Charity helps Asian nations rein in child sex abuse websites


Figures obtained by Eastern Eye also showed that in 2019, 318 reports were made by people in India about potentially illegal websites through the IWF’s English language portal. In 2018, there were 316 reports. The complaints could relate to material hosted anywhere in the world (Photo: iStock).
Figures obtained by Eastern Eye also showed that in 2019, 318 reports were made by people in India about potentially illegal websites through the IWF’s English language portal. In 2018, there were 316 reports. The complaints could relate to material hosted anywhere in the world (Photo: iStock).

 



By Nadeem Badshah

CHILD sex abuse websites hosted in south Asia are being shut down thanks to a partnership between the countries’ authorities and a British charity.

The UK-based Internet Watch Foundation (IWF) in 2018 helped to remove seven websites where obscene material or servers were stored in India. Action was also taken against a website in Bangladesh.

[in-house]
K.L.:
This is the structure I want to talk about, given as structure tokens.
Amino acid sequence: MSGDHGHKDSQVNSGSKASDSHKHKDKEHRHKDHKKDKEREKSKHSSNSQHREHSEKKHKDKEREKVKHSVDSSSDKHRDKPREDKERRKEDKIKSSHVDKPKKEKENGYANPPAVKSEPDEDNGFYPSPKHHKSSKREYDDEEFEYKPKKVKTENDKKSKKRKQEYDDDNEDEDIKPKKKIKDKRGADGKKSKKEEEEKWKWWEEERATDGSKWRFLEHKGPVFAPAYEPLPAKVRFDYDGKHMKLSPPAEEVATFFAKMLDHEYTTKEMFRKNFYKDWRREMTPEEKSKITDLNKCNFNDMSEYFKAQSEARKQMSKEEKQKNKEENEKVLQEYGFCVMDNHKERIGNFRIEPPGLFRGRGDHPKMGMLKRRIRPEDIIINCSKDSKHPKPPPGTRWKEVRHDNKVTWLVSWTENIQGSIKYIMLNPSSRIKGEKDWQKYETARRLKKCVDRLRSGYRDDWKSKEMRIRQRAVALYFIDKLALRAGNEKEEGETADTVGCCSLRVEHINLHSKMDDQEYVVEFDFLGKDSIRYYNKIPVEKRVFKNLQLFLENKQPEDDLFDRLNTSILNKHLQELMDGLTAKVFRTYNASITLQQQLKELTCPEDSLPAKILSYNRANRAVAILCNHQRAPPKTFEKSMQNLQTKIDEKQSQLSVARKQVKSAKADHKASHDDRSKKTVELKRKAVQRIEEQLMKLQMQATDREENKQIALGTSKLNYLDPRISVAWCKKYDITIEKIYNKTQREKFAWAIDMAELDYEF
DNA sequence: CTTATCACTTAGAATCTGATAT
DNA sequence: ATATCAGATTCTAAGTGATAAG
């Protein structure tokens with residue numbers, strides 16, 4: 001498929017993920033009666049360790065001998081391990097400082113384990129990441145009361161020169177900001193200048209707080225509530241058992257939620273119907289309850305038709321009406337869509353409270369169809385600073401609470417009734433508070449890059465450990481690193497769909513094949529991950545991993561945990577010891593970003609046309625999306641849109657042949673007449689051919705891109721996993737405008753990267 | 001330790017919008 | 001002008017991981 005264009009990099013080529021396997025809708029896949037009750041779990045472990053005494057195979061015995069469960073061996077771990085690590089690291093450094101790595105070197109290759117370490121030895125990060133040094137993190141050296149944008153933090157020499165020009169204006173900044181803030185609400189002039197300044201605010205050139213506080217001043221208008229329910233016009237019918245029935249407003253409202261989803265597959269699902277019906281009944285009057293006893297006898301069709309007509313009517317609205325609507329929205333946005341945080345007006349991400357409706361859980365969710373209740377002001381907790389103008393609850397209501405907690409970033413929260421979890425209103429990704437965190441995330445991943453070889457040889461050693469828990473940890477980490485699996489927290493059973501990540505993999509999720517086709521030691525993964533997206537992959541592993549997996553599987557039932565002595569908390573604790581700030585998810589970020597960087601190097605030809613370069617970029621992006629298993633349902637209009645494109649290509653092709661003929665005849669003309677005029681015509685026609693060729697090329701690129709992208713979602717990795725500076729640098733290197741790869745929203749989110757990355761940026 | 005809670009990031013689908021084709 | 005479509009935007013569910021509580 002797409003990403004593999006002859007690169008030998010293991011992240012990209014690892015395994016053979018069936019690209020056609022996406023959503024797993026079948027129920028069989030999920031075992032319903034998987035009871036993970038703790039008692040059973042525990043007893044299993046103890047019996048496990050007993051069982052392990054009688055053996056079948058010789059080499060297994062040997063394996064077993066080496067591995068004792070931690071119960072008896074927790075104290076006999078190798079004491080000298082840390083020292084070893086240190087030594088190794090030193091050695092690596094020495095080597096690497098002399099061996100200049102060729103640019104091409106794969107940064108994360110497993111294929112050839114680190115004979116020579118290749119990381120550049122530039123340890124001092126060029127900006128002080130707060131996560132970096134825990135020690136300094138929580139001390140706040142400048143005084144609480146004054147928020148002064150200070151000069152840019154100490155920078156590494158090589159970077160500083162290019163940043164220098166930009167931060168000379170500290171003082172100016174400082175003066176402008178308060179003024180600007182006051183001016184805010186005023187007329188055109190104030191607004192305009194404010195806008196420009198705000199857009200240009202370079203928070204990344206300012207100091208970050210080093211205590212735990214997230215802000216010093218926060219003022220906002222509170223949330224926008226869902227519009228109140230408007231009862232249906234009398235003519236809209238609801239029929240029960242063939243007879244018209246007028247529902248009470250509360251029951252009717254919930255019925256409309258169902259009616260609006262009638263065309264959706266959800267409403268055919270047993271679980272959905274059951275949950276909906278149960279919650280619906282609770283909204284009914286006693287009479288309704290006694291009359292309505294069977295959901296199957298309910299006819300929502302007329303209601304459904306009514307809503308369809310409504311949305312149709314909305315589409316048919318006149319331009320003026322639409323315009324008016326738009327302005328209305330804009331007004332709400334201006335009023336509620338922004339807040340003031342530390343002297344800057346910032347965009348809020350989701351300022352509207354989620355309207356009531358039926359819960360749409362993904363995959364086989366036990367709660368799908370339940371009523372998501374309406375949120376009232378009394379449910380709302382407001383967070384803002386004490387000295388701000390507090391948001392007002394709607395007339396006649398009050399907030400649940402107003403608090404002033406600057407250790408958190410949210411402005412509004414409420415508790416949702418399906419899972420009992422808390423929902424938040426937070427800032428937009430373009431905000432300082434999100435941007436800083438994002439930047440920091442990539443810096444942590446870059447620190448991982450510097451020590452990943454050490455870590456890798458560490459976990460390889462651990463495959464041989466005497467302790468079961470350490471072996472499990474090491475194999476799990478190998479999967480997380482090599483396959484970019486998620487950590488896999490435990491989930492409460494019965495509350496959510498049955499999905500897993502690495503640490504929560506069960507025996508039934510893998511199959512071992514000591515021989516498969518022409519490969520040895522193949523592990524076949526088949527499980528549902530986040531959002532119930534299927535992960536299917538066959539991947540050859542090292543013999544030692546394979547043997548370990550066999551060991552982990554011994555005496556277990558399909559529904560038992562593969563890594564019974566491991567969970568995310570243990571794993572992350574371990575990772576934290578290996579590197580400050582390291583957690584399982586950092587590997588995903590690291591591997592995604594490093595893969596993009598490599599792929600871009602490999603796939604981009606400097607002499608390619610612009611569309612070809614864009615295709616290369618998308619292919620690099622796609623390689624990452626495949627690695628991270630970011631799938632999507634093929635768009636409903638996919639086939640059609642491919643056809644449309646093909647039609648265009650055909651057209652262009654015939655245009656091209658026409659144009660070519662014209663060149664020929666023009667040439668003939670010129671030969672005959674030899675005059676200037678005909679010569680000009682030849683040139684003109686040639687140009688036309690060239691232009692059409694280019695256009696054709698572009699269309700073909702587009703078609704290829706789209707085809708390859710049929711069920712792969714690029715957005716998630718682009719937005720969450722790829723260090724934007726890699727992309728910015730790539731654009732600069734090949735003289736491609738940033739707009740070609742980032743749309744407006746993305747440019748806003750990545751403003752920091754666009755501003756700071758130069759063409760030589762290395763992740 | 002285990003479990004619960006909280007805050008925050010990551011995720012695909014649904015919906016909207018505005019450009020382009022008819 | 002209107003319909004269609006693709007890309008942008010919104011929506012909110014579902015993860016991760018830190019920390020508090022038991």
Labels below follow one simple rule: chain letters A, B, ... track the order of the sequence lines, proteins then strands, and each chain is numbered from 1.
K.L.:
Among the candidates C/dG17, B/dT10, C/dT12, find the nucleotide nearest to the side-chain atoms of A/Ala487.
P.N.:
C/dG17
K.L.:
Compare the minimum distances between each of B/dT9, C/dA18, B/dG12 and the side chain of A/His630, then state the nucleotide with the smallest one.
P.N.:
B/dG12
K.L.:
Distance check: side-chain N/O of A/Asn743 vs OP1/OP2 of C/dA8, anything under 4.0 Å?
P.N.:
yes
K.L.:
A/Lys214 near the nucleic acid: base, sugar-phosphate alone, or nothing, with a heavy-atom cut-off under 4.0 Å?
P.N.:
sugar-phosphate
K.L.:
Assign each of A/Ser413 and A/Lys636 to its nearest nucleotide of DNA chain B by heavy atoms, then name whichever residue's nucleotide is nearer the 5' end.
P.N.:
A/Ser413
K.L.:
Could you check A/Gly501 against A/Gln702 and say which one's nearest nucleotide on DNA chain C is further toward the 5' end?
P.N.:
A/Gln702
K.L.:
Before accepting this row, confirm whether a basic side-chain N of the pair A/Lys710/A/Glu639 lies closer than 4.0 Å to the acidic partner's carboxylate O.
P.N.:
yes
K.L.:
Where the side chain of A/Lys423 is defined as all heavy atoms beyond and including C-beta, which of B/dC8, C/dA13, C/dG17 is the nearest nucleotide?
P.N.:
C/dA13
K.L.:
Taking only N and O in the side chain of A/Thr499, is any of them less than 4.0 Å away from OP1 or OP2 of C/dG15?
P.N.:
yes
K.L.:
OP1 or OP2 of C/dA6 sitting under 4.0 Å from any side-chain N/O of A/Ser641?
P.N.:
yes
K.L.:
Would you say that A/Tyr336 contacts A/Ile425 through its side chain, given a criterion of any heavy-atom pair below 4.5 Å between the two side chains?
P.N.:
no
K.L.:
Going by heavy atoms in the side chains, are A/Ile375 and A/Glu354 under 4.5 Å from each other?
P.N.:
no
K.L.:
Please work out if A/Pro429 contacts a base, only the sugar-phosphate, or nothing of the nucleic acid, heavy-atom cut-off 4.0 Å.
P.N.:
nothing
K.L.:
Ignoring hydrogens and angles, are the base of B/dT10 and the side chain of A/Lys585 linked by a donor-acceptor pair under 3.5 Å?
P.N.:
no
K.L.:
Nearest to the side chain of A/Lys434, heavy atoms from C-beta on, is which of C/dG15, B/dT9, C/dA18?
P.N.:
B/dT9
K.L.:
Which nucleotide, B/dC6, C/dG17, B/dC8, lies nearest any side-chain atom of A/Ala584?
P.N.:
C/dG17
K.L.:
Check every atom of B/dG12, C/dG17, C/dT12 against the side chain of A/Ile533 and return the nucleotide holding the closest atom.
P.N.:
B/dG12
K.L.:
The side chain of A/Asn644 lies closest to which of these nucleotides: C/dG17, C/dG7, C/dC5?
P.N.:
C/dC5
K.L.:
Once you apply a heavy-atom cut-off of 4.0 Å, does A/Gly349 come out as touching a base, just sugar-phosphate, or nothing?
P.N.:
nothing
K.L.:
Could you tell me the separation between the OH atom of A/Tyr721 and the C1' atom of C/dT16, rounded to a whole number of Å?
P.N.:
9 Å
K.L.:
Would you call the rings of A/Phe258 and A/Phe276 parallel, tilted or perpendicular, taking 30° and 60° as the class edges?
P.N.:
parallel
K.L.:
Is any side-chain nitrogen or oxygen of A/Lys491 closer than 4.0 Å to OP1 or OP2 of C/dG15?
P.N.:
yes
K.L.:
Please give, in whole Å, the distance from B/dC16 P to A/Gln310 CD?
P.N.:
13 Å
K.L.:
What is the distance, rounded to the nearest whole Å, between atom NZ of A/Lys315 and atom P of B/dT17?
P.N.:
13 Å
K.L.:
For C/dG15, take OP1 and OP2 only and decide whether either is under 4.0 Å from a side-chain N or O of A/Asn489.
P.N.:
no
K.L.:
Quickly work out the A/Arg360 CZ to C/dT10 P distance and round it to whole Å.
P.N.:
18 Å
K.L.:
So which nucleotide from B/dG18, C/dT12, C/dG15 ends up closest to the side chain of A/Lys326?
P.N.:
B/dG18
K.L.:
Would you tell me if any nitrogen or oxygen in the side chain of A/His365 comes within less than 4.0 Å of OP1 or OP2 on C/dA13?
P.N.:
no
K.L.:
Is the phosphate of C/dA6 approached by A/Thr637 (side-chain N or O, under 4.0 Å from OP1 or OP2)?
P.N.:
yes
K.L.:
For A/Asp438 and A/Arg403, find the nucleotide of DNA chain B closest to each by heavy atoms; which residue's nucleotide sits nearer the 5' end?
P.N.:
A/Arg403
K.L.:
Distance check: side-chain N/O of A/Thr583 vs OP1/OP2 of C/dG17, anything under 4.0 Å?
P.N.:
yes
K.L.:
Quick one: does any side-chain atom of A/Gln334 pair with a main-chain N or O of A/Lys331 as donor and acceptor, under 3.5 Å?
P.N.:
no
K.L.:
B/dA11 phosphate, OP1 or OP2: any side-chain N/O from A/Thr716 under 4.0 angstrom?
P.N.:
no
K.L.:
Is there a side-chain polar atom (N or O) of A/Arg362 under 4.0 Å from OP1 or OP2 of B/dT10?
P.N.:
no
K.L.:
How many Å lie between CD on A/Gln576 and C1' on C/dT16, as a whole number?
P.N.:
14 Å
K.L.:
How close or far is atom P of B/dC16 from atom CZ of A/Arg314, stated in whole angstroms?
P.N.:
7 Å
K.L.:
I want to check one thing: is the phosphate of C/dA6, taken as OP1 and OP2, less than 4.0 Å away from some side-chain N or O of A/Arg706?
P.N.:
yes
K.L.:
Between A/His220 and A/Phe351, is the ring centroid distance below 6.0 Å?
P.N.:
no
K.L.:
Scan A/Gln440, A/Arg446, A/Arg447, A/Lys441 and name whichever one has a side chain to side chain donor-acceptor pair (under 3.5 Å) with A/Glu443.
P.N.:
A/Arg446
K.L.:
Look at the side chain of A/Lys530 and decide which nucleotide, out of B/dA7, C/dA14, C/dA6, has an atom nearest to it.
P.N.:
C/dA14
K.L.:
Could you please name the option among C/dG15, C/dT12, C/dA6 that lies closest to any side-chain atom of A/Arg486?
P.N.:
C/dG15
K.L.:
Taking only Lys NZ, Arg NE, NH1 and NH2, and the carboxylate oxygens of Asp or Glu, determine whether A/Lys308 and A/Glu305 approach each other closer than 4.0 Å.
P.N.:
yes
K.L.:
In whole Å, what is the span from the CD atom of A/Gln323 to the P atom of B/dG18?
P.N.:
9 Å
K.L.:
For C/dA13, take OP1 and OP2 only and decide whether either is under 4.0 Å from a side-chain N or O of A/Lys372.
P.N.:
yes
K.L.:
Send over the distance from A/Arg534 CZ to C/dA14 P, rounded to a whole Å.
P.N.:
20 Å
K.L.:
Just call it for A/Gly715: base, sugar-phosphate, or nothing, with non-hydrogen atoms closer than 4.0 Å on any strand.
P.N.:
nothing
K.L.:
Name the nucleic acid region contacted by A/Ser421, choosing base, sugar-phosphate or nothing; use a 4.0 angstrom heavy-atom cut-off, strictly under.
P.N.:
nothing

The IWF works with partners across the world to remove criminal images and videos and is launching a portal in Pakistan this year.

Figures obtained by Eastern Eye also showed that in 2019, 318 reports were made by people in India about potentially illegal websites through the IWF’s English language portal. In 2018, there were 316 reports. The complaints could relate to material hosted anywhere in the world.

A spokesman for the IWF said: “This does not relate to the countries in which child sexual abuse material is created in or where people are looking at it, rather, it is where this material is being stored or the servers are based.



“We have taken action to remove material and worked with local partners to make the internet safer wherever we can.”

The IWF said it has seen an “astronomical” rise in videos and images on paedophile websites that girls as young as 11 had been groomed into making of themselves.

Self-generated images now made up a third of the material it found on the 132,700 websites it removed in 2019, a rise of 26 per cent on 2018.